Nisha was abandoned at the gates of the City of a Thousand Dolls when she was just a child. Now sixteen, she lives on the grounds of the isolated estate, where orphan girls apprentice as musicians, healers, courtesans, and, if the rumors are true, assassins. Nisha makes her way as Matron’s assistant, her closest companions the mysterious cats that trail her shadow. Only when she begins a forbidden flirtation with the city’s handsome young courier does she let herself imagine a life outside the walls. Until one by one, girls around her start to die.

Before she becomes the next victim, Nisha decides to uncover the secrets that surround the girls’ deaths. But by getting involved, Nisha jeopardizes not only her own future in the City of a Thousand Dolls—but her own life.

Review:
When I first started to read City of a Thousand Dolls, I was reminded in part of the Kushiel series’ by Jacqueline Carey. There was something about Nisha that reminded me of Phaedre – the idea of the abandoned girl finding her way in the world and eventually knowing where she belongs. I also liked the idea of the city being the place where the abandoned children are sent. It made me wonder, in places like China, where there is a limit on how many children families can have, what would have happened, if children couldn’t be adopted or what to do with them. So it was an interesting take on a problem that I see could easily occur in the world in the future.

I have to admit that the reveal for the ultimate mystery was a bit of a disappointment – I had the potential suspects narrowed down to three, early on in the book, so for me it was more of a confirmation rather than a reveal. This was a bit disappointing for me – I was hoping for some out of the blue antagonist – even the ultimate actions of the main characters were fairly obvious as to what was going to happen. However, the world building was intriguing, I definitely want to read more in the series when the books are released. Overall, I’d give it 3.5 stars, but rounding up to 4.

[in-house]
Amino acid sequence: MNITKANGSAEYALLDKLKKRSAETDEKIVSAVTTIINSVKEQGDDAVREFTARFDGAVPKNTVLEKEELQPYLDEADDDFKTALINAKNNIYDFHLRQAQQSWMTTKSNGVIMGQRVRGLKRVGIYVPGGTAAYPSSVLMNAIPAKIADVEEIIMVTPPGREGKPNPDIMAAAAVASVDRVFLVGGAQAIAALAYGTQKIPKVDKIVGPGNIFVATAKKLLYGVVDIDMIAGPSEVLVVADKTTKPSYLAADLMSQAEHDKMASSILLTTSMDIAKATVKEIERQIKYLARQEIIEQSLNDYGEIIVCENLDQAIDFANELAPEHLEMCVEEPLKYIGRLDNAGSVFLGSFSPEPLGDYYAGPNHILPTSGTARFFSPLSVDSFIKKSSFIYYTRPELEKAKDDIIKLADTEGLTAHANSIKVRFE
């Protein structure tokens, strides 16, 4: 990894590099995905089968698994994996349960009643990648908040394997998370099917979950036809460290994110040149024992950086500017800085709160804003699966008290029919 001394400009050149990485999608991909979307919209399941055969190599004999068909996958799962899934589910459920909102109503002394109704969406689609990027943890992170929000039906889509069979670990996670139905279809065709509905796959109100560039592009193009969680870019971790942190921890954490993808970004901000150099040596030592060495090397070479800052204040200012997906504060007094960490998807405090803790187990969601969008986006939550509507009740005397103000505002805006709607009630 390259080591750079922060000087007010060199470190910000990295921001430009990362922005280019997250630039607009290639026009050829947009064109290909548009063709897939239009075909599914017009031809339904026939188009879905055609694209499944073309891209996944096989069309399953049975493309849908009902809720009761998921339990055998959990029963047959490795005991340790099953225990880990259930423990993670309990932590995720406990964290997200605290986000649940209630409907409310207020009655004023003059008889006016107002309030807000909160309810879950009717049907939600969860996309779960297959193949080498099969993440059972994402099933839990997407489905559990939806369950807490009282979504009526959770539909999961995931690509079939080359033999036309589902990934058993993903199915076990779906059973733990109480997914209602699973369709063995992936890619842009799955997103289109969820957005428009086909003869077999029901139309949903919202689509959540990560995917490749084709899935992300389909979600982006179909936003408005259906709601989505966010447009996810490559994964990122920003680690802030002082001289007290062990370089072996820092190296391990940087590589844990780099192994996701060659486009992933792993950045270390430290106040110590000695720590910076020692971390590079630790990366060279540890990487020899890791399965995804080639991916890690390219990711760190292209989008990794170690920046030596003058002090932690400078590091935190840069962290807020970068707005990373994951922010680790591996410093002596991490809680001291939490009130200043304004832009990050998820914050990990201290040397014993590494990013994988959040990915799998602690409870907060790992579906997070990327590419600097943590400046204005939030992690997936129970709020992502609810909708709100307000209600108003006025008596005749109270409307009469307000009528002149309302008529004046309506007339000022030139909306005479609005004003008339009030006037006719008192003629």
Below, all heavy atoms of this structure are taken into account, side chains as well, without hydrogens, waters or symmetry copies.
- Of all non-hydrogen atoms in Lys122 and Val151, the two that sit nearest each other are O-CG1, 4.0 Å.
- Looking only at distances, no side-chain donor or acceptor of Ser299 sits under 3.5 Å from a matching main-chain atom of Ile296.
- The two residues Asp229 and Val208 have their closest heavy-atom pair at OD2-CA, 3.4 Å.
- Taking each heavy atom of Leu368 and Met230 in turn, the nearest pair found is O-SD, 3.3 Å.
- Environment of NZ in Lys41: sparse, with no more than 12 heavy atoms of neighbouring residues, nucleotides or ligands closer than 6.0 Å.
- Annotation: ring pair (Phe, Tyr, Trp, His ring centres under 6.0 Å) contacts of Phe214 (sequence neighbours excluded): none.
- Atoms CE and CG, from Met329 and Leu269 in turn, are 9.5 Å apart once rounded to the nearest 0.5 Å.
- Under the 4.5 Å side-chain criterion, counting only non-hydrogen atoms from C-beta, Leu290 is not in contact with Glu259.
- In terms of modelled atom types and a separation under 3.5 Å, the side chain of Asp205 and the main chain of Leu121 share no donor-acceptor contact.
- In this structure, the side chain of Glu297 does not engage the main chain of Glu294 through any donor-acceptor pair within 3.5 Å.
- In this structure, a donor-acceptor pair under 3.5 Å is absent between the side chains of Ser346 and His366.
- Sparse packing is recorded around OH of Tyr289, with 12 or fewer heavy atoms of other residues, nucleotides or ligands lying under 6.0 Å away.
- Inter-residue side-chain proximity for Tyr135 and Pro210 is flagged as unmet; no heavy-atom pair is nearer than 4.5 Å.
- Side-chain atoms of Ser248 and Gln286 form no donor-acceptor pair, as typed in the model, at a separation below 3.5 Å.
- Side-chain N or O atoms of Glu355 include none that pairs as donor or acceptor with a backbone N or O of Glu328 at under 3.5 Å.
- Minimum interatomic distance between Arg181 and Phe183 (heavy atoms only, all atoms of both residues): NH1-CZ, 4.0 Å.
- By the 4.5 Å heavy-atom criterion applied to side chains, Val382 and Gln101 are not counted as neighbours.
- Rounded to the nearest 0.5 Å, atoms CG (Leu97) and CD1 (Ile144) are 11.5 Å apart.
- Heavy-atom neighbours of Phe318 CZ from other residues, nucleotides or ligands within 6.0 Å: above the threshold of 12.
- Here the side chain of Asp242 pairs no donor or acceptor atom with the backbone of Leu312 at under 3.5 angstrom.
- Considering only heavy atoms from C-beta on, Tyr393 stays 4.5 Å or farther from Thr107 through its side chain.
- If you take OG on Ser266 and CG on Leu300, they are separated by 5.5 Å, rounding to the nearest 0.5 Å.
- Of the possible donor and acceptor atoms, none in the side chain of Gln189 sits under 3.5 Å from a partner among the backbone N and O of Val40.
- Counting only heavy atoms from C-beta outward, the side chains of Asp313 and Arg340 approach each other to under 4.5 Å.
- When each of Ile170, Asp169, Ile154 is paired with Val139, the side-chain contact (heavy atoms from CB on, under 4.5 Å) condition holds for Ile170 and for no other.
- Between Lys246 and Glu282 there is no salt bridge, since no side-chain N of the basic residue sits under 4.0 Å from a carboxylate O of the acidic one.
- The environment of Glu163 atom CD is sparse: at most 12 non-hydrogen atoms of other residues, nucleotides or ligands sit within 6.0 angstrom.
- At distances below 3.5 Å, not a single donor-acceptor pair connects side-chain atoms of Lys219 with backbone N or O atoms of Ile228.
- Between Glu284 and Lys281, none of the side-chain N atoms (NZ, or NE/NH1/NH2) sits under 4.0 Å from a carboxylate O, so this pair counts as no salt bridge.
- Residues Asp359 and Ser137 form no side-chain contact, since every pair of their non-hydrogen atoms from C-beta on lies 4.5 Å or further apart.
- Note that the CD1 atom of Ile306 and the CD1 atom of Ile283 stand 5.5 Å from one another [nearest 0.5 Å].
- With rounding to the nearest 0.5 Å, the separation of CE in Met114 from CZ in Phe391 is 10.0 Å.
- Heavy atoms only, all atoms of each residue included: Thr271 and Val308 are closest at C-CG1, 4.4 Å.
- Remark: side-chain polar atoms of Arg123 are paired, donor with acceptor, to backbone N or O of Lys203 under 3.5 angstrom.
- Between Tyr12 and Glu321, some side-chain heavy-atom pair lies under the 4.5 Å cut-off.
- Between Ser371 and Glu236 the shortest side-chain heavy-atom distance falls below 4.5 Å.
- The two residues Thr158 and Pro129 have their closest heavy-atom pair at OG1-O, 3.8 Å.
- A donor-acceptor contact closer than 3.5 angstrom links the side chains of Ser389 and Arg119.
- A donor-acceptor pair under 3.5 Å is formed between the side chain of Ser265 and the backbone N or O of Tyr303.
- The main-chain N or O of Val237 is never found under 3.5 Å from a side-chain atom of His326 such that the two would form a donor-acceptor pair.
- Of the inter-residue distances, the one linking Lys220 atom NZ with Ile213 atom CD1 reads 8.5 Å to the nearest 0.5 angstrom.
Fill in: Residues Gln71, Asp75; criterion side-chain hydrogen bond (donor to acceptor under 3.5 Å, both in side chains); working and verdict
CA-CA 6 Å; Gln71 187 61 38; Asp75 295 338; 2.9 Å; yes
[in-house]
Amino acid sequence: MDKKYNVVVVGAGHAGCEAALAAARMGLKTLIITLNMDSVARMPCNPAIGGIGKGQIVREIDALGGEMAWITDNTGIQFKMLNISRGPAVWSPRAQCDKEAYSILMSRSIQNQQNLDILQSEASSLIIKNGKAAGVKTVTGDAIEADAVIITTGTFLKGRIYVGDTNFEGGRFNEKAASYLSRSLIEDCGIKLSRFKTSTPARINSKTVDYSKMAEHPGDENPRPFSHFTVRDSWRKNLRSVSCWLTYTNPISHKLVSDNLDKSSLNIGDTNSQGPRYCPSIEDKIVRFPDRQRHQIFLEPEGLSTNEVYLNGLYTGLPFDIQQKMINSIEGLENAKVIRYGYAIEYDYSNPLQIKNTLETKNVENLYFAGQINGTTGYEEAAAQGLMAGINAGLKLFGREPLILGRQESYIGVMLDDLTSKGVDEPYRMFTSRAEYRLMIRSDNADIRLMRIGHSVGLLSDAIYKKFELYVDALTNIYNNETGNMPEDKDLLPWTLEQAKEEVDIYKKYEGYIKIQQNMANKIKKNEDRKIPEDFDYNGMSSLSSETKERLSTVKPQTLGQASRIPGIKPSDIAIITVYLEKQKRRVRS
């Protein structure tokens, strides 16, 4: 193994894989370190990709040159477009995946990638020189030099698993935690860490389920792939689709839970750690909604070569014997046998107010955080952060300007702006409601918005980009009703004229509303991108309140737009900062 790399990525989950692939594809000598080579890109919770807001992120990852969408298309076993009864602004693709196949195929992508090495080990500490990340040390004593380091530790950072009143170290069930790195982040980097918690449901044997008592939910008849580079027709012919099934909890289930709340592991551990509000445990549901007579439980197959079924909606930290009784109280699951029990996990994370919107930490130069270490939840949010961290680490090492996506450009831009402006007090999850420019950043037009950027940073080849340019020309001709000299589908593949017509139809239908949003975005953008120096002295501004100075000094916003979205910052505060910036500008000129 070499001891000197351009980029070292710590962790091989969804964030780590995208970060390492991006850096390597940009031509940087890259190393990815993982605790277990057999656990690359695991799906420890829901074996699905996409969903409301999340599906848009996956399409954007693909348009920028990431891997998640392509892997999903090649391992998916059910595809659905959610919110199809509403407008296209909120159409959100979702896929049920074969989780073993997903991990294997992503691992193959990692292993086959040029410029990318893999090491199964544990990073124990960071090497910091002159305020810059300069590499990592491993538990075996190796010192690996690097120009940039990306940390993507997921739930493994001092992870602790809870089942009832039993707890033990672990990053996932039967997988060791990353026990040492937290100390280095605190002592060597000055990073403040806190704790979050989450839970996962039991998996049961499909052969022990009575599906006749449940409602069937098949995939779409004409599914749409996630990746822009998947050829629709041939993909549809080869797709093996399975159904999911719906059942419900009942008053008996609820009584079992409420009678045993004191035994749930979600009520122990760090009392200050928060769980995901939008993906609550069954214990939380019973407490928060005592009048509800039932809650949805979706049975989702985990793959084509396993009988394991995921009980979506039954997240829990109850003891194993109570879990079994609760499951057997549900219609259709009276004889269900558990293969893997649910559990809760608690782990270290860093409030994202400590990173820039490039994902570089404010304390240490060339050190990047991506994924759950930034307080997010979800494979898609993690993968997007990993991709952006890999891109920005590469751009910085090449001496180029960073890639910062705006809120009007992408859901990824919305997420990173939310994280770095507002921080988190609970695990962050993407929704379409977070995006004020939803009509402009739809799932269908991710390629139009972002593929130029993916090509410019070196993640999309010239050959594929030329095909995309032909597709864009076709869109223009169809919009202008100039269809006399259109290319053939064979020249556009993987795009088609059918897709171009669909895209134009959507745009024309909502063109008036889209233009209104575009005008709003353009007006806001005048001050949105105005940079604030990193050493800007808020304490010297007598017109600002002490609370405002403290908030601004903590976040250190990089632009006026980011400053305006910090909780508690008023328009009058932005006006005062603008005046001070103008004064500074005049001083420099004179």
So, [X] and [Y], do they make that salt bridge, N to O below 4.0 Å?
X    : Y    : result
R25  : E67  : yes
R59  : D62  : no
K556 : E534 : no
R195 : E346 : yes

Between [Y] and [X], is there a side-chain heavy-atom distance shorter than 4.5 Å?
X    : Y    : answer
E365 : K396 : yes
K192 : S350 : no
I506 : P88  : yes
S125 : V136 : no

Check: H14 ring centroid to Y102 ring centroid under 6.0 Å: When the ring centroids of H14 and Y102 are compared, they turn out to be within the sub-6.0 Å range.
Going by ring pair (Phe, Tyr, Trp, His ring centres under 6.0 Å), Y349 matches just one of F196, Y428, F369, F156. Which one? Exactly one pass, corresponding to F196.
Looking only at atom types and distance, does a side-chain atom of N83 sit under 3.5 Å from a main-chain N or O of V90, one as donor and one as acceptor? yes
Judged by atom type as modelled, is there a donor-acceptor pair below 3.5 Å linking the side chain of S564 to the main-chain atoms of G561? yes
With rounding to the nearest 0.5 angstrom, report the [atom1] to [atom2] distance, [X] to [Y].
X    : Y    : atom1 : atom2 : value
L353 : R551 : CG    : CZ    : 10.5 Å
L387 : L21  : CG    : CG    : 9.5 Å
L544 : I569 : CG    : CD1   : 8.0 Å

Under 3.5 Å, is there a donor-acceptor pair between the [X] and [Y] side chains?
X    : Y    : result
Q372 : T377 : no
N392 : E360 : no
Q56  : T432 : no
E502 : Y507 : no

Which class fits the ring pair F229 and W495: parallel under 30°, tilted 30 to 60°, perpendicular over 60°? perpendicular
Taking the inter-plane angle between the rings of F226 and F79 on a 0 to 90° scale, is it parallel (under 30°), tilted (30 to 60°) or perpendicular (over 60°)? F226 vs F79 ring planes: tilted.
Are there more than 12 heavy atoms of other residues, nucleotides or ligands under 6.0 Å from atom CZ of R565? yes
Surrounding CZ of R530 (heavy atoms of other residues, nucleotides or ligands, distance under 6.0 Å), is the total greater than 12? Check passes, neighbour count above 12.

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Posted by on April 12, 2013 in Book Review

 

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Review – Sanctum – Sarah Fine

sanctumSanctum
Author: Sarah Fine
Series: #1 in the Guards of the Shadowlands series

Description:
“My plan: Get into the city. Get Nadia. Find a way out. Simple.”

A week ago, seventeen-year-old Lela Santos’s best friend, Nadia, killed herself. Today, thanks to a farewell ritual gone awry, Lela is standing in paradise, looking upon a vast gated city in the distance—hell. No one willingly walks through the Suicide Gates, into a place smothered in darkness and infested with depraved creatures. But Lela isn’t just anyone—she’s determined to save her best friend’s soul, even if it means sacrificing her eternal afterlife.

Review:
Its times like this, that I am thankful for recommendations from friends on Goodreads – because I can say for certain that I would never have found this book, let alone read it, without their recommendation. I am still conflicted over my final star-rating, but it has the potential to be one of my first 5-star reads for the year (and yes, I know its already 3 months into the year…) At first I was skeptical how the theme of youth suicide would be handled, especially when mixed with a fantasy type world – but I felt that the author managed to walk the fine line pretty well. It wasn’t until I looked at her biography and realized that she was a child psychologist that I realized why she did it so well – it (youth suicide) is obviously a topic that she is passionate about and has done research about/likely worked with children who have been affected by it.

It did raise a lot of thought-provoking ideas – most religions, if not all, have a form of heaven – but how many of them address whether people who commit suicide end up there – are they buried on un-consecrated ground (like the Catholic church) or what happened? And is there anyway for them to move from where they end up to heaven for real. I know that I had never really considered any of it until reading Sanctum – which to me is a sign of a great book.

However, about 2/3 of the way through, it did start to hit a bit on the teenage angst that was fustrating – I think the book would have automatically been a 5 star without that, and from how it ended, I have to admit that I am a bit concerned about where book 2 in the series is going to go…hopefully it will stay clear of the total teen angst/love triangle that seems to be so prevalent in a vast majority of YA books recently…Right now, I think I am going to give it 4.5, but rounding down to 4 on the Goodreads scale.

 
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Posted by on March 26, 2013 in Book Review